It is unlikely the summit of heads of state, called after a meeting of the SADC troika failed to end the deadlock, will bring a resolution, as the MDC appears to have adopted an ambitious strategy to "escalate this matter as far as we can", according to a senior Tsvangirai adviser.
The opposition sees this week’s call for a broader regional summit as a major step towards a plan to drive the Zimbabwe crisis back on to the UN agenda, said the official.
It is unlikely, he said, that the SADC summit, planned for next week, will see a resolution to the crisis.
"We are looking beyond that. We need to take this to the AU and then to the UN, and fight there for international involvement in the crisis," said the official, who declined to be named.
This week, the MDC broadened its demands and disputed the SADC’s statement that the power-sharing deal has stalled over the allocation of the home affairs portfolio.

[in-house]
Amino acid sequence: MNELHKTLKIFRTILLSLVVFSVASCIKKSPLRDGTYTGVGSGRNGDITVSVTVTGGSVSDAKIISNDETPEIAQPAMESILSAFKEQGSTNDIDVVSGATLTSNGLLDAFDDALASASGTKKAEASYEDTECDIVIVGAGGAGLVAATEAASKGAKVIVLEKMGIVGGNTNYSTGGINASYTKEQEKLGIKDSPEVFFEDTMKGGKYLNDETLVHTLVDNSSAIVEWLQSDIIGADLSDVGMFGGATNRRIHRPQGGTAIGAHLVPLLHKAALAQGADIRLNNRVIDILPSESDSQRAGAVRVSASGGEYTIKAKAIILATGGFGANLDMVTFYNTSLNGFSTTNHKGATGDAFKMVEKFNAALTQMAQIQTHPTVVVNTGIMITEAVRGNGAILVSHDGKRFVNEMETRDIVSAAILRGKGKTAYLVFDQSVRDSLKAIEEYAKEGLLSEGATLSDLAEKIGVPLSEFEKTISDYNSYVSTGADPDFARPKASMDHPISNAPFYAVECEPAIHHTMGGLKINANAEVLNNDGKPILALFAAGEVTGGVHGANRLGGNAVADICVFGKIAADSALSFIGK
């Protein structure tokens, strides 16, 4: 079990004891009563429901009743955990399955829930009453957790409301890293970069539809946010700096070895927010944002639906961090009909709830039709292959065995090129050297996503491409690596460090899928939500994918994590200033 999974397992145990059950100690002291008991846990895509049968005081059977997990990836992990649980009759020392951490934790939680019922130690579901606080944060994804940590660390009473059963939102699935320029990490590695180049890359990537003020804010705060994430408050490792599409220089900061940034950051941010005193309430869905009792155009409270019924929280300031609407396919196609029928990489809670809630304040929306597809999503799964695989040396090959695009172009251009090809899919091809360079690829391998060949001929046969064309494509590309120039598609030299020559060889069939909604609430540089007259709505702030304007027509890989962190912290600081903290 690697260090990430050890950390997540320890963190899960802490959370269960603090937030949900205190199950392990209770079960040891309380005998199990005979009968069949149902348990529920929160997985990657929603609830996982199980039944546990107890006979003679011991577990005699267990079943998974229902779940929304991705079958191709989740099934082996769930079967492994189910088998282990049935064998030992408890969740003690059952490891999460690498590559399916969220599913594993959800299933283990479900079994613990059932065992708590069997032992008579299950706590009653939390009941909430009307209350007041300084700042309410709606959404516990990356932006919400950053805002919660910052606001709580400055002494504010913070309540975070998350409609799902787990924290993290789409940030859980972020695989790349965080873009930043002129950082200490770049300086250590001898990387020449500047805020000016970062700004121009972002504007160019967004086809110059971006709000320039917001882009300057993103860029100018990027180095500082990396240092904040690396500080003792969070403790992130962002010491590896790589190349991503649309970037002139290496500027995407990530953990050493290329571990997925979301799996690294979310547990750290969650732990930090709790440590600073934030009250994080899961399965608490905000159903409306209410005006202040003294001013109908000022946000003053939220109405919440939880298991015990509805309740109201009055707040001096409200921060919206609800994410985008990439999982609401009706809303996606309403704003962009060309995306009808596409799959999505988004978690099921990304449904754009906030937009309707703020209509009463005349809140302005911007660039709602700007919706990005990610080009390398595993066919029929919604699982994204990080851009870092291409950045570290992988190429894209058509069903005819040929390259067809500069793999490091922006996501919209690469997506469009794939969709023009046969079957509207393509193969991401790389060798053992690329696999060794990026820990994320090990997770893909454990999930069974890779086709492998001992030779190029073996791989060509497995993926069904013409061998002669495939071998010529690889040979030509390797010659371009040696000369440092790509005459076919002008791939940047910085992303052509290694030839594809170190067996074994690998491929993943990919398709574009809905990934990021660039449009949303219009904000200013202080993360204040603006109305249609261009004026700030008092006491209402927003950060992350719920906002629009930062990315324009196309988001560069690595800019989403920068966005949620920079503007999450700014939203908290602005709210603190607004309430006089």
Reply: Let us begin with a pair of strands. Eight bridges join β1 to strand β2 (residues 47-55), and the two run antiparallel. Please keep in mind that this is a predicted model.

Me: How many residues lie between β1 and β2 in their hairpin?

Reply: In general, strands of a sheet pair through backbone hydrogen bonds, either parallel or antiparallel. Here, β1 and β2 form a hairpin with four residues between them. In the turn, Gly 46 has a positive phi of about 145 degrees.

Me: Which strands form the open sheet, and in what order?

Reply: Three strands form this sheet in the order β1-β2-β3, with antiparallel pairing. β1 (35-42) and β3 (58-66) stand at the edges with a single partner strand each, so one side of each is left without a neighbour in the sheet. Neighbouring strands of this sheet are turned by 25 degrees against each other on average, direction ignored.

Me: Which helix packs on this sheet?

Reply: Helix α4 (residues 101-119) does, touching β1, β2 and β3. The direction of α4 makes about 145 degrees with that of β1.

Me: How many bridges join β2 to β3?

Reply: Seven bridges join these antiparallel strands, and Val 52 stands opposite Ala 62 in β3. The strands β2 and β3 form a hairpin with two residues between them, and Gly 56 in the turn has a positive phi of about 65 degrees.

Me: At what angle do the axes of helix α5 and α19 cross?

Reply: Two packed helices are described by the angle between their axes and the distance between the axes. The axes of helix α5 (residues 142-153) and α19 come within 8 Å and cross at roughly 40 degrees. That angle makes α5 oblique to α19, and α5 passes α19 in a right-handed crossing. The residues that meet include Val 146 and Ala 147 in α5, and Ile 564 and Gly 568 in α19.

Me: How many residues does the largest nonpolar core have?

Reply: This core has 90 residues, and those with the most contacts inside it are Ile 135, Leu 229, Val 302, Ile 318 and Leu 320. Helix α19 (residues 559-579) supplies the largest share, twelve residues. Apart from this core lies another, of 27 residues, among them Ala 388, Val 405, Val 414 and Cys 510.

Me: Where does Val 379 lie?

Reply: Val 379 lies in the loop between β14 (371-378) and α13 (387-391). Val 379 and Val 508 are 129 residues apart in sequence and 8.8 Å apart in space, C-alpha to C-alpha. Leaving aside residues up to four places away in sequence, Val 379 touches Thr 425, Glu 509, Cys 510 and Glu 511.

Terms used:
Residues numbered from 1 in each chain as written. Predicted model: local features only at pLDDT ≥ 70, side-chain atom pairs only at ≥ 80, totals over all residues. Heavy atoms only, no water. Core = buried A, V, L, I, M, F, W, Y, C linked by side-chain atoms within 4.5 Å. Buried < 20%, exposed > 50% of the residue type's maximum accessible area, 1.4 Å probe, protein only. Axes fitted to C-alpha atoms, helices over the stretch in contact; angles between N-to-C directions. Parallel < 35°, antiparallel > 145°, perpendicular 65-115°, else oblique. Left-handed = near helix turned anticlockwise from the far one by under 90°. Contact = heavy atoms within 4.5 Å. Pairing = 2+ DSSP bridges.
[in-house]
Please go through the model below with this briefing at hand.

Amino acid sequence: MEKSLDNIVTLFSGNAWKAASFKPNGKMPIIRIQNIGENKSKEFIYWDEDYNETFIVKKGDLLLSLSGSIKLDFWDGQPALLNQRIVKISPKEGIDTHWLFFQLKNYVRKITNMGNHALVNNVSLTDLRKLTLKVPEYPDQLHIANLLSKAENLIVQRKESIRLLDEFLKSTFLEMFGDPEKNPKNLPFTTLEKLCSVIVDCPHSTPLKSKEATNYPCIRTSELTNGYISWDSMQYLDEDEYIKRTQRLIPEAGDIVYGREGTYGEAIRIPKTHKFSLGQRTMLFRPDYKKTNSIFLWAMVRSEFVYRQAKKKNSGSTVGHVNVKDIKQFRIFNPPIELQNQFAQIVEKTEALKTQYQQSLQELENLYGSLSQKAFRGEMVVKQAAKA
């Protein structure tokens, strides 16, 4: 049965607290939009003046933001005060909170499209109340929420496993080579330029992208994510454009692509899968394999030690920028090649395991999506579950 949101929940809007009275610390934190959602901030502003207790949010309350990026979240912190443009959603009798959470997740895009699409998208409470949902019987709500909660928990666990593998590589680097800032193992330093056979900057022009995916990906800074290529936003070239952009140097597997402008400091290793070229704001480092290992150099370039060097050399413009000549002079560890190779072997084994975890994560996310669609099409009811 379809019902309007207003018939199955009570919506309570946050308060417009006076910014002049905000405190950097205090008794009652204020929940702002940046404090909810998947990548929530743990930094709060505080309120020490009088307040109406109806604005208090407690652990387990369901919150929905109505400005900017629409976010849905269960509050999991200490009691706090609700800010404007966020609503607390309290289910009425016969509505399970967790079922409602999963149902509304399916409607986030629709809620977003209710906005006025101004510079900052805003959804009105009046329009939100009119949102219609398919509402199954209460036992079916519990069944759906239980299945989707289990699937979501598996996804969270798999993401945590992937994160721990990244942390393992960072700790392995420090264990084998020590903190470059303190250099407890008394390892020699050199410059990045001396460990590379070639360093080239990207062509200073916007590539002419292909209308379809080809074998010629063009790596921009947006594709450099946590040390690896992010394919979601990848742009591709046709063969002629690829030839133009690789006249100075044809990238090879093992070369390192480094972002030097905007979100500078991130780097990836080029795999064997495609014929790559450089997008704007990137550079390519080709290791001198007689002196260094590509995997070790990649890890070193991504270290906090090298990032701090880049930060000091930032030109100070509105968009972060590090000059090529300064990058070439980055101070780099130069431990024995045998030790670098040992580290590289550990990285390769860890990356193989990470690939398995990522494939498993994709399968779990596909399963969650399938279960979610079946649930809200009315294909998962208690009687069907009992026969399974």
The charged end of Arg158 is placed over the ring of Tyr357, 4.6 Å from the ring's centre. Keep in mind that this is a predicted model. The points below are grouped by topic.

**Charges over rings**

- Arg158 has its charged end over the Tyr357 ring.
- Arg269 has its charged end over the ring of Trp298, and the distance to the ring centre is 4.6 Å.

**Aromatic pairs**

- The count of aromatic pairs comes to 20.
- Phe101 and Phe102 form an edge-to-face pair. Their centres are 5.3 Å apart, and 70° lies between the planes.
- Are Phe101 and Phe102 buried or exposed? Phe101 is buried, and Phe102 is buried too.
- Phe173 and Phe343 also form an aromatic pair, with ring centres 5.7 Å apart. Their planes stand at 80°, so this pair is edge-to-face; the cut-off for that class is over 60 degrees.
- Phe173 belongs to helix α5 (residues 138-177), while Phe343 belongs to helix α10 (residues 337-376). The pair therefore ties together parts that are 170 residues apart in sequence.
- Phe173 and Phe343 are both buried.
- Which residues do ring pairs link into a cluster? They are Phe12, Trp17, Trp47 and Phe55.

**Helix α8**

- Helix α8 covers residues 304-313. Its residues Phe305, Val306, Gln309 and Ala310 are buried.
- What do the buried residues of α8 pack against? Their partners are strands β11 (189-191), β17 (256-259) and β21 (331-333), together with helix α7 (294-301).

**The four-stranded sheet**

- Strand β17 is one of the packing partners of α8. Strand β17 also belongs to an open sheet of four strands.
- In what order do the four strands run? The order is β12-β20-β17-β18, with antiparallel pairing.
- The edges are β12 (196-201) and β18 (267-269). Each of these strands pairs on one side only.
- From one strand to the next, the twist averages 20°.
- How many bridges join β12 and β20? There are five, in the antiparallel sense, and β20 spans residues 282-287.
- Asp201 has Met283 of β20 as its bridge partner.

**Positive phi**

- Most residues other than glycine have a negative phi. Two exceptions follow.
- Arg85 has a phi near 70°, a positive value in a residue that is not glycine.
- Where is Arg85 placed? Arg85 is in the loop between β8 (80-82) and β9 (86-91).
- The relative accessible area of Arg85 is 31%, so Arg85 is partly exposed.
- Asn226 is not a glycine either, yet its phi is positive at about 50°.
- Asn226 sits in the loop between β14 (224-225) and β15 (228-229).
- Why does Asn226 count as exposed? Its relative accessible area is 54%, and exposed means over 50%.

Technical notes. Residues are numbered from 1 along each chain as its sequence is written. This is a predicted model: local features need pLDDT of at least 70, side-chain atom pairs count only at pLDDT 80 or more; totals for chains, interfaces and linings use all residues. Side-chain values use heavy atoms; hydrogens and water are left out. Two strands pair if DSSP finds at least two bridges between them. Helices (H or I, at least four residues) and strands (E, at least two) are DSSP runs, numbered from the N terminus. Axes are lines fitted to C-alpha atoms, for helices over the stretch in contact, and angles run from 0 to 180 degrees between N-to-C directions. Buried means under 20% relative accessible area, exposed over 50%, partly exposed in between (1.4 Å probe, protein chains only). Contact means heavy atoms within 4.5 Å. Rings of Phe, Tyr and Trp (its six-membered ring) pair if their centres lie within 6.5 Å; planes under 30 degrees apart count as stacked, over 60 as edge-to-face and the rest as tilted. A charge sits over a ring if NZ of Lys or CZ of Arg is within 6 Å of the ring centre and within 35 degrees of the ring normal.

The MDC now cites six areas it wants to discuss:
- The allocation of ministries;
- The appointment of the 10 provincial governors;
- The composition and functions of the national security council, a cluster of security agencies proposed to replace the Joint Operations Command;
- The appointment of ambassadors, heads of state enterprises and permanent secretaries, who direct the operations of government ministries;
- Constitutional amendments enabling the new government; and
- The "fraudulent alteration" of the agreement reached on September 11. The MDC now claims the document its leader signed on September 15 was different from the original deal reached earlier.
More controversy was generatedafter MDC secretary general Tendai Biti gave reporters a new plan which proposes to cut the rival MDC faction out of the agreement completely. Mail & Guardian